Britain's junior doctors have walked out of the review body described as the ' the most equitable and practical solution available' by its mentors, to deal with their protests against the Medical Training Application Service.
The government review group was established to look at failures in the Medical Training Application Service (MTAS), which is part of the Modernizing Medical Careers (MMC) project. It has come under fierce criticism, with claims that under the system talented candidates can be overlooked for training places.
The junior doctors who are now ' an increasingly angry ' lot have boycotted the review meet mainly because there are suggestions of restricting the doctors to one interview each, in spite of many of them being offered more than even two.
Complaints against the online questionnaire are that the forms are badly worded, do not ask pertinent questions, do not allow them to set out relevant qualifications and experience, and have no facility for attaching a CV.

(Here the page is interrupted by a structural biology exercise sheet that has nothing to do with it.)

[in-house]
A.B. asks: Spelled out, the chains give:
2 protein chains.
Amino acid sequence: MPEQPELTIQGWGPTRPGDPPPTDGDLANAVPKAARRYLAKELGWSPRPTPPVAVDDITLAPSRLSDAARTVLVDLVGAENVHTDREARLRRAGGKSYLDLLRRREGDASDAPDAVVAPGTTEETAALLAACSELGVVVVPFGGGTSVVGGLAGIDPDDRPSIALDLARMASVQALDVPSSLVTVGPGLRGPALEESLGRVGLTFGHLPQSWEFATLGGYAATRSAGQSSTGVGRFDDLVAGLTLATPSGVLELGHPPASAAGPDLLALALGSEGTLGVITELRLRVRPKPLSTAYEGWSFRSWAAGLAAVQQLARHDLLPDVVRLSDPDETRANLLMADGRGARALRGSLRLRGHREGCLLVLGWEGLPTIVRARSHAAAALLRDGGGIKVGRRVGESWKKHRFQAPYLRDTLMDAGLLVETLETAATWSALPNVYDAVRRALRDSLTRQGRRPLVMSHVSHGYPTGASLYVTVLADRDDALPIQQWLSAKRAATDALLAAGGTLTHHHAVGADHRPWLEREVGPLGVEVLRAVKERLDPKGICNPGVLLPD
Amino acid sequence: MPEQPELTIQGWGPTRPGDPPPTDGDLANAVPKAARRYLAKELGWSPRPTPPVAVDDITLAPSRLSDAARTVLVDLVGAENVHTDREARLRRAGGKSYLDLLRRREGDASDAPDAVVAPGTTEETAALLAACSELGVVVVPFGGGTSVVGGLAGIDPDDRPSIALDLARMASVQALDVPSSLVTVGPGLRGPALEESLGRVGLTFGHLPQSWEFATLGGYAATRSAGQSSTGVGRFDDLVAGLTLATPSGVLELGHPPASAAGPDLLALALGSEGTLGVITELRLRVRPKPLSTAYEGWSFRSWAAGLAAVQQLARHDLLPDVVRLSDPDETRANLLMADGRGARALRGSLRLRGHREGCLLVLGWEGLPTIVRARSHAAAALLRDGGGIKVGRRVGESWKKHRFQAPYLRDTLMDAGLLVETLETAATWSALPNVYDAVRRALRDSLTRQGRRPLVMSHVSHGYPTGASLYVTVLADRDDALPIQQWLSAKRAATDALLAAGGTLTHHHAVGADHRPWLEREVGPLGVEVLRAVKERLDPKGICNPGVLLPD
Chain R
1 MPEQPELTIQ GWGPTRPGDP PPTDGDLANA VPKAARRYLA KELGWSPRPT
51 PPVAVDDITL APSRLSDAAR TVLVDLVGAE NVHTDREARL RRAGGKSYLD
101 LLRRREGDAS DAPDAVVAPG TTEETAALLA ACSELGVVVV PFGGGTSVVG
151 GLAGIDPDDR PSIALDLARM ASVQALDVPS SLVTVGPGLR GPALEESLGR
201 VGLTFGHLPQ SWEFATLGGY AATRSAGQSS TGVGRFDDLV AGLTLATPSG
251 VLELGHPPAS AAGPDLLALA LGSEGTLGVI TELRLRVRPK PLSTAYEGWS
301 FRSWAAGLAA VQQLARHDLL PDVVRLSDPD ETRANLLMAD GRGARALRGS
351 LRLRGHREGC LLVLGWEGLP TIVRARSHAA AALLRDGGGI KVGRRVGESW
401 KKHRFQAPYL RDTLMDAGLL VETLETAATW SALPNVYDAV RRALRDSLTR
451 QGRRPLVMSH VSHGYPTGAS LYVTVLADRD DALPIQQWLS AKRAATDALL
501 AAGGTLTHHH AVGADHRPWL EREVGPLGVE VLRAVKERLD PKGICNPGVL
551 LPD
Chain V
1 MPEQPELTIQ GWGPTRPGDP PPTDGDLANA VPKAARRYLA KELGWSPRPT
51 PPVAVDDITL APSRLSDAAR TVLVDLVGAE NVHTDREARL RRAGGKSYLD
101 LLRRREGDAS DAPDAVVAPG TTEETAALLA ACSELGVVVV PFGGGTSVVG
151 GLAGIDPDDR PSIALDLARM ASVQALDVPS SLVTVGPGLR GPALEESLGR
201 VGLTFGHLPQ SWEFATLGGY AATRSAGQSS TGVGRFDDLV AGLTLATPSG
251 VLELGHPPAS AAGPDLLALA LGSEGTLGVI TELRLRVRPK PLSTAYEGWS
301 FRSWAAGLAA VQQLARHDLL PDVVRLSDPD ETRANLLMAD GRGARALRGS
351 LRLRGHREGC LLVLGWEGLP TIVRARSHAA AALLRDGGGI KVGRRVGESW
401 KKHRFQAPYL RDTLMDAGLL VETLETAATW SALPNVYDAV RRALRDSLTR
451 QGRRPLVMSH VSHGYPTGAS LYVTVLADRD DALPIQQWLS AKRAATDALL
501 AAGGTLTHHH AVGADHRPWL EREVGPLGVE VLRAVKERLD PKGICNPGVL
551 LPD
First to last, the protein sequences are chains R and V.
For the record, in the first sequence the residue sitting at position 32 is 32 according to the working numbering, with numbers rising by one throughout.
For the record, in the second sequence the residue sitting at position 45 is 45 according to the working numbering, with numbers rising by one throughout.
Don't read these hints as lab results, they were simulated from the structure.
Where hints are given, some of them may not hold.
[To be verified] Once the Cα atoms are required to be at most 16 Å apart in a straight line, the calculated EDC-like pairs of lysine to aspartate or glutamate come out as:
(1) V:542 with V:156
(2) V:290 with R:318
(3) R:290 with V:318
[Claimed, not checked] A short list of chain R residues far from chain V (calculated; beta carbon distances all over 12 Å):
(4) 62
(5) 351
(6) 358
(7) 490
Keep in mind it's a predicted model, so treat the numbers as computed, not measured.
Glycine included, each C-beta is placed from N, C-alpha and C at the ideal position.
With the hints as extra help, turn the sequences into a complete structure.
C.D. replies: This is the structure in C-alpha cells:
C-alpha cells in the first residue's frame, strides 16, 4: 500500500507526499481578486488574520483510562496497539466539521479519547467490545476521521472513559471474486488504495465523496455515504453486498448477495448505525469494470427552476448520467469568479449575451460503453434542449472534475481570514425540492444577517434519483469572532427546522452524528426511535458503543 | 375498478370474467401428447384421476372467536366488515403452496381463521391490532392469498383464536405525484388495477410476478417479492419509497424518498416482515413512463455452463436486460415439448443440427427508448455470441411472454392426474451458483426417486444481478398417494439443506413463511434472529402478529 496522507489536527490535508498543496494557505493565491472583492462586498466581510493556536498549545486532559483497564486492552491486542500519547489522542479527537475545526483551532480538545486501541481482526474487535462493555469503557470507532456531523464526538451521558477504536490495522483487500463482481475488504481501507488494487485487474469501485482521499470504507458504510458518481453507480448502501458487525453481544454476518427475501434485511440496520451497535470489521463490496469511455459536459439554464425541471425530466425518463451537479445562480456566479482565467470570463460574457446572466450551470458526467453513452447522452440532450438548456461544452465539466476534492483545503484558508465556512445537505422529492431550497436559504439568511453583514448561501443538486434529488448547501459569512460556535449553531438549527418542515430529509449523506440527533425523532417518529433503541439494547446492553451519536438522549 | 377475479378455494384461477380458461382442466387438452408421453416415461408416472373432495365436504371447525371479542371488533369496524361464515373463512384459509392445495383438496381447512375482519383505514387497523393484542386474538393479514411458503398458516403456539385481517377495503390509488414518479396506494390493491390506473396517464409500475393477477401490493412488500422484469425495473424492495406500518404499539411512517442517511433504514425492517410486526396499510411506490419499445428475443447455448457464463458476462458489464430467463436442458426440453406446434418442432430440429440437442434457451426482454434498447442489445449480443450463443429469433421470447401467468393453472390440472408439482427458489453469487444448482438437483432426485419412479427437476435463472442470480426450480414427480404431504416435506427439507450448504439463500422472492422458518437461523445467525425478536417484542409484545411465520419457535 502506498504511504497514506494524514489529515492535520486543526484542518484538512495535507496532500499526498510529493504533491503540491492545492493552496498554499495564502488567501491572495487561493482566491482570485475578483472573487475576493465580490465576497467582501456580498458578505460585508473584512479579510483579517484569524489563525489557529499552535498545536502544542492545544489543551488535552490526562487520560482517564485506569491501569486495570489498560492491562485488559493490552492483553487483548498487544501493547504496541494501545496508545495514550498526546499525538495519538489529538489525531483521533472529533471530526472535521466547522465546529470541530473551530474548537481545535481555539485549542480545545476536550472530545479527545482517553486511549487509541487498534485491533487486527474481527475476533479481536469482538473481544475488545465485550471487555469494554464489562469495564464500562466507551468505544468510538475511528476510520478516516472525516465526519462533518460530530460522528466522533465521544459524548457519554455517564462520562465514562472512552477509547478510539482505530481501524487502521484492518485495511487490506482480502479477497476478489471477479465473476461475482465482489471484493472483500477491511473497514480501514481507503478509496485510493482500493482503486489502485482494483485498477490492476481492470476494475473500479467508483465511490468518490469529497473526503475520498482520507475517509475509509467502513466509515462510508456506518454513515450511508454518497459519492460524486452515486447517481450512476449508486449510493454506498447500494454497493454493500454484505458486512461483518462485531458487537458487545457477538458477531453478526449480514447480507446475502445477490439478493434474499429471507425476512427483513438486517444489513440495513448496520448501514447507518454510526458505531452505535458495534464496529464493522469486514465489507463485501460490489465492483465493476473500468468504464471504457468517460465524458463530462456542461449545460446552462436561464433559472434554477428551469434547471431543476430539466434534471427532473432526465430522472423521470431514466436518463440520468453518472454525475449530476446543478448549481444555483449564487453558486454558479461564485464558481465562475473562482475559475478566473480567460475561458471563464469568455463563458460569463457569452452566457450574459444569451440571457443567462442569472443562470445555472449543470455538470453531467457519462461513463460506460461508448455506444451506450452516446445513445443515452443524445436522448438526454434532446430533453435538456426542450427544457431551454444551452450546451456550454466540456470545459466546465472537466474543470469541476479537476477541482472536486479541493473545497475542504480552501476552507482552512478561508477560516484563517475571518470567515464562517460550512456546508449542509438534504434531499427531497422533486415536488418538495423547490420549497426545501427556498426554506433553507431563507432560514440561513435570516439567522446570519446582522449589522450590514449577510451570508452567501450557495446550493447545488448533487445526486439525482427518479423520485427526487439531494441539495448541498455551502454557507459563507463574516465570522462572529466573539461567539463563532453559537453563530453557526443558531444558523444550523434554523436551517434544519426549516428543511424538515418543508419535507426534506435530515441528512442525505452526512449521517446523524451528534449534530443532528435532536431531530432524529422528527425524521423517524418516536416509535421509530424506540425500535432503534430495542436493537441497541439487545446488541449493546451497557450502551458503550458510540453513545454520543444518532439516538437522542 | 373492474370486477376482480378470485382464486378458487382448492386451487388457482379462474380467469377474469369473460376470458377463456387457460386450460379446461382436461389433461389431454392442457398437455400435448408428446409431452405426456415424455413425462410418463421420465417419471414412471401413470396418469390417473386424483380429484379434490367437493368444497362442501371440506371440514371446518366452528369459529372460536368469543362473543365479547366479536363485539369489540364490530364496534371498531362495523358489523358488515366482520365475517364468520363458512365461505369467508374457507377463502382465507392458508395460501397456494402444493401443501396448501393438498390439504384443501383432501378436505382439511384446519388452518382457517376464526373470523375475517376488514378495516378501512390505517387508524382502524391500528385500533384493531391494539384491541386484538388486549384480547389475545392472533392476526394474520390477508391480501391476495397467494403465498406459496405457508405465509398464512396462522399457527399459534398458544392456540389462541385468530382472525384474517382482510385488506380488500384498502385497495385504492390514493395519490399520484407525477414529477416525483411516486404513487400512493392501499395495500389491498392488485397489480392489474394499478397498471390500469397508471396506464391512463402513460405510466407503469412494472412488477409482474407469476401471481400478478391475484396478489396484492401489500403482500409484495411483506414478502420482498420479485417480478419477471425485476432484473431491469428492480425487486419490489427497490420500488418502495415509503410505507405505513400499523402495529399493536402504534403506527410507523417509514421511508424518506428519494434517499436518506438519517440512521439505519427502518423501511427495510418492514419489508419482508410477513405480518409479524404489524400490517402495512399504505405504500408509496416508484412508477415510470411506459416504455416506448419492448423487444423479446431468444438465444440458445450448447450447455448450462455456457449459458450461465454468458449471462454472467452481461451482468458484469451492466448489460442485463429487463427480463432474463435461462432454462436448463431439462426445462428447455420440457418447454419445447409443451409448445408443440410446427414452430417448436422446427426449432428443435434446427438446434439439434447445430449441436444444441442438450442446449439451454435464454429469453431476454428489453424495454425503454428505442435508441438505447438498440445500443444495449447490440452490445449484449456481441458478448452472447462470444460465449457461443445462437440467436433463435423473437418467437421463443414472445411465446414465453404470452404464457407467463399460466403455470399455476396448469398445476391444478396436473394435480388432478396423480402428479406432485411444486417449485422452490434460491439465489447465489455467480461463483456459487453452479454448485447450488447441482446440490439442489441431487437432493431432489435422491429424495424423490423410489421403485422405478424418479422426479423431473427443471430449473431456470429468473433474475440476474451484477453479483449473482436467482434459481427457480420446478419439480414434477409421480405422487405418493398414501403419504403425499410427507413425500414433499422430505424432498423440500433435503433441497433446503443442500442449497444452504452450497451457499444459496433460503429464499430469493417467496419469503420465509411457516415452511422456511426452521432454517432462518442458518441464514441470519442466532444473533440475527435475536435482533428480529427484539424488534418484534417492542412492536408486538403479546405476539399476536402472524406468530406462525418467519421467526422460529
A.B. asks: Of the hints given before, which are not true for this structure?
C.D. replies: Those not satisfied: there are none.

The result, they say, is that the best candidates are not being selected for the right jobs and has left thousands without any interview at all.
Says Jo Hilborne, chairman of the BMA Junior Doctors Committee : "Anything that is not fair on junior doctors will crush morale and drive many away from the NHS.
"We will continue to express to the government the urgency of a solution that is acceptable to 33,000 increasingly angry doctors whose careers have been jeopardized by this shambles of a system," she added.
The Department of Health said it was disappointed at the BMA withdrawal.
"Now that we are implementing the review group's recommendations we would like the BMA to work with us," a health department spokeswoman was quoted.
"The review group has already looked at a wide range of options and its recommendations will mean that almost every junior doctor who has applied will have the opportunity to attend their first choice interview, rather than a few being offered several choices", she added.